Champion trainer Lance Graves discusses how your reactions to losing and winning can affect your barrel racing career.
There isn’t a sport in existence that doesn’t celebrate competitiveness. Champions are supposed to want to win. They’re not content when they lose. And never, ever do they give up before the final buzzer sounds.
Photo by Megan Parks
By the time you make it through your first few events, you’ll realize it’s no different in barrel racing. Everyone wants to see his or her name at the top of the leader board when the last time is recorded at the end of a race. Whether you’re a beginner or a veteran rider, there is nothing wrong with striving to be the best.
The problem occurs when a person fails to recognize the difference between having a competitive reaction to a situation and being a poor sport. For example, a poor sport might become snarly, rude and confrontational, or she might sob and express resentment toward someone who has bested her time—all in the name of wanting to succeed. While these reactions may temporarily calm a temper or ease disappointment, champion rider and trainer Lance Graves says, in the long run, they will do more harm than good for your barrel racing career.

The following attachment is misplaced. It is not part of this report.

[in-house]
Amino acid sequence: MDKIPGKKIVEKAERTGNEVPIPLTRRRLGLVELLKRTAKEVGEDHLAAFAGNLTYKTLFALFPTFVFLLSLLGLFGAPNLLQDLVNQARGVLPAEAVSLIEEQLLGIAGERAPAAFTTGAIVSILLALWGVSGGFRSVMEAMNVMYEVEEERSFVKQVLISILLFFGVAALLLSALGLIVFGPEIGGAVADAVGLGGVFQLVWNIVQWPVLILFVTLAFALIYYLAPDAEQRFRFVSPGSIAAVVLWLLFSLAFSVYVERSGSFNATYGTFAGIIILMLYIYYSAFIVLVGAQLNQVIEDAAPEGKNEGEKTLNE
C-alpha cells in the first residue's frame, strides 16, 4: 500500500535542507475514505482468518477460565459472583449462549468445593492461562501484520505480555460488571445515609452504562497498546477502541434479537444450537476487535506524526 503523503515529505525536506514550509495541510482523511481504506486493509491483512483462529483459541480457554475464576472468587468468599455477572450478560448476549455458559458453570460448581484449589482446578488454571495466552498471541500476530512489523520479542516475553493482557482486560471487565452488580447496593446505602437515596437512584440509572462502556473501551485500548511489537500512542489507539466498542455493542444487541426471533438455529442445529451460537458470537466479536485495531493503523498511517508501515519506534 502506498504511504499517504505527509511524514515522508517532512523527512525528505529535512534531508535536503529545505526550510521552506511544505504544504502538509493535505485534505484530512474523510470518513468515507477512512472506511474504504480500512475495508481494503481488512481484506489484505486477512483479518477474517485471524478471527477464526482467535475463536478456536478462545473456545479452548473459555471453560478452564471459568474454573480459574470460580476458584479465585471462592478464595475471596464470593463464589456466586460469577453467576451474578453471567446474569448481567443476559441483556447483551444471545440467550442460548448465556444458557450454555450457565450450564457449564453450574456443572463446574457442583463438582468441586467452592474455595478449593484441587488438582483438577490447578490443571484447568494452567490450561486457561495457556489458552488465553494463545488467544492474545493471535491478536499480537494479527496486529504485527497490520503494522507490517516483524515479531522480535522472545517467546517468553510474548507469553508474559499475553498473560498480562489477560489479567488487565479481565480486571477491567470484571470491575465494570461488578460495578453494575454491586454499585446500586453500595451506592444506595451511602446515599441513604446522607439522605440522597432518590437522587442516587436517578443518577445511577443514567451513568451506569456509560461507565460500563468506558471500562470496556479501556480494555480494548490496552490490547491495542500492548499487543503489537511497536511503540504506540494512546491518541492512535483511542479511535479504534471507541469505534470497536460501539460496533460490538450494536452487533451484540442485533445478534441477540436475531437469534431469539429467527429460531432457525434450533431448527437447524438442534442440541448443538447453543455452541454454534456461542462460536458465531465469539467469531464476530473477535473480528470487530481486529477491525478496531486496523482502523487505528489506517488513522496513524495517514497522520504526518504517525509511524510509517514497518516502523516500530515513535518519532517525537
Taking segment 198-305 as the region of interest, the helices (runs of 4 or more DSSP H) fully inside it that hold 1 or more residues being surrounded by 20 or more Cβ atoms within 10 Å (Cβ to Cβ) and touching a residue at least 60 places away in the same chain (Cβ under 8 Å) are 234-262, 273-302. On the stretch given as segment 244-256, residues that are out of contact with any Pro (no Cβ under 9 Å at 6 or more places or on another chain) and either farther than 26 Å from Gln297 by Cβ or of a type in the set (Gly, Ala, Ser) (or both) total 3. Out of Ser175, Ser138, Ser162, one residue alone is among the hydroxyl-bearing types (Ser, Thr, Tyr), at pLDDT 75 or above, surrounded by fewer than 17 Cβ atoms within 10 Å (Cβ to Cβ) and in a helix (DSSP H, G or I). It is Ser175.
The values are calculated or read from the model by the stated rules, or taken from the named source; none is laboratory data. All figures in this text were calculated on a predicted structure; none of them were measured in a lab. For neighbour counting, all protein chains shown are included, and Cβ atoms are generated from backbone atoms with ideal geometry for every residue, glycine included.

“Nothing is less attractive, in a child or in an adult, than someone who throws a fit,” he says. “In the futurity world, we call it ‘throwing your sucker in the dirt’ when things don’t go your way. I think it makes someone look so amateur, so unprofessional and just so pathetic.”
Failing to be a good sport is often nothing more than failing to control your emotions. When you’re new to barrel racing, that control can be difficult to master. It may take time to develop the awareness that people are watching and forming an opinion of you based upon your negativity, and, believe it or not, you’re probably doing more harm to yourself than to the person or animal who is the object of your frustration.
It Affects You
For Graves, good sportsmanship is a complicated subject, but he does believe that you can curb unsportsmanlike conduct by polishing your self-awareness.
“I’m not really sure what my exact definition of ‘sportsmanship’ would be,” he says. “But I know my definition of being a productive participant in a competition is focusing on the positive. And I think that parlays into making you a better sportsman, whether you win or lose.”
Concentrating on the positive aspects of a situation is easy for some people, but it is a learned behavior for others. For the latter personality types, Graves recommends going and competing against your personal best, not against the other teams.
“What I do is, every time I go to the gate, I have something in mind that I want to advance,” he says, “whether that something has to do with me as a cowboy and as a jockey, or whether it is for my horse.”
Graves uses the example of a horse that is prone to running by the first barrel. If you make doing well on the first turn your “advancement” prior to the race, even if you lose, you can come away with a small victory by conquering barrel one.
“You can go out, nail that first barrel on that horse, be two seconds off and still come out of the arena pleased,” Graves says. “You can be happy and feel successful because you have improved something or gained strides in your quest for perfection on your horse. Focus on that instead of, ‘Oh, I was off two seconds, and my horse is nothing but a donkey.’”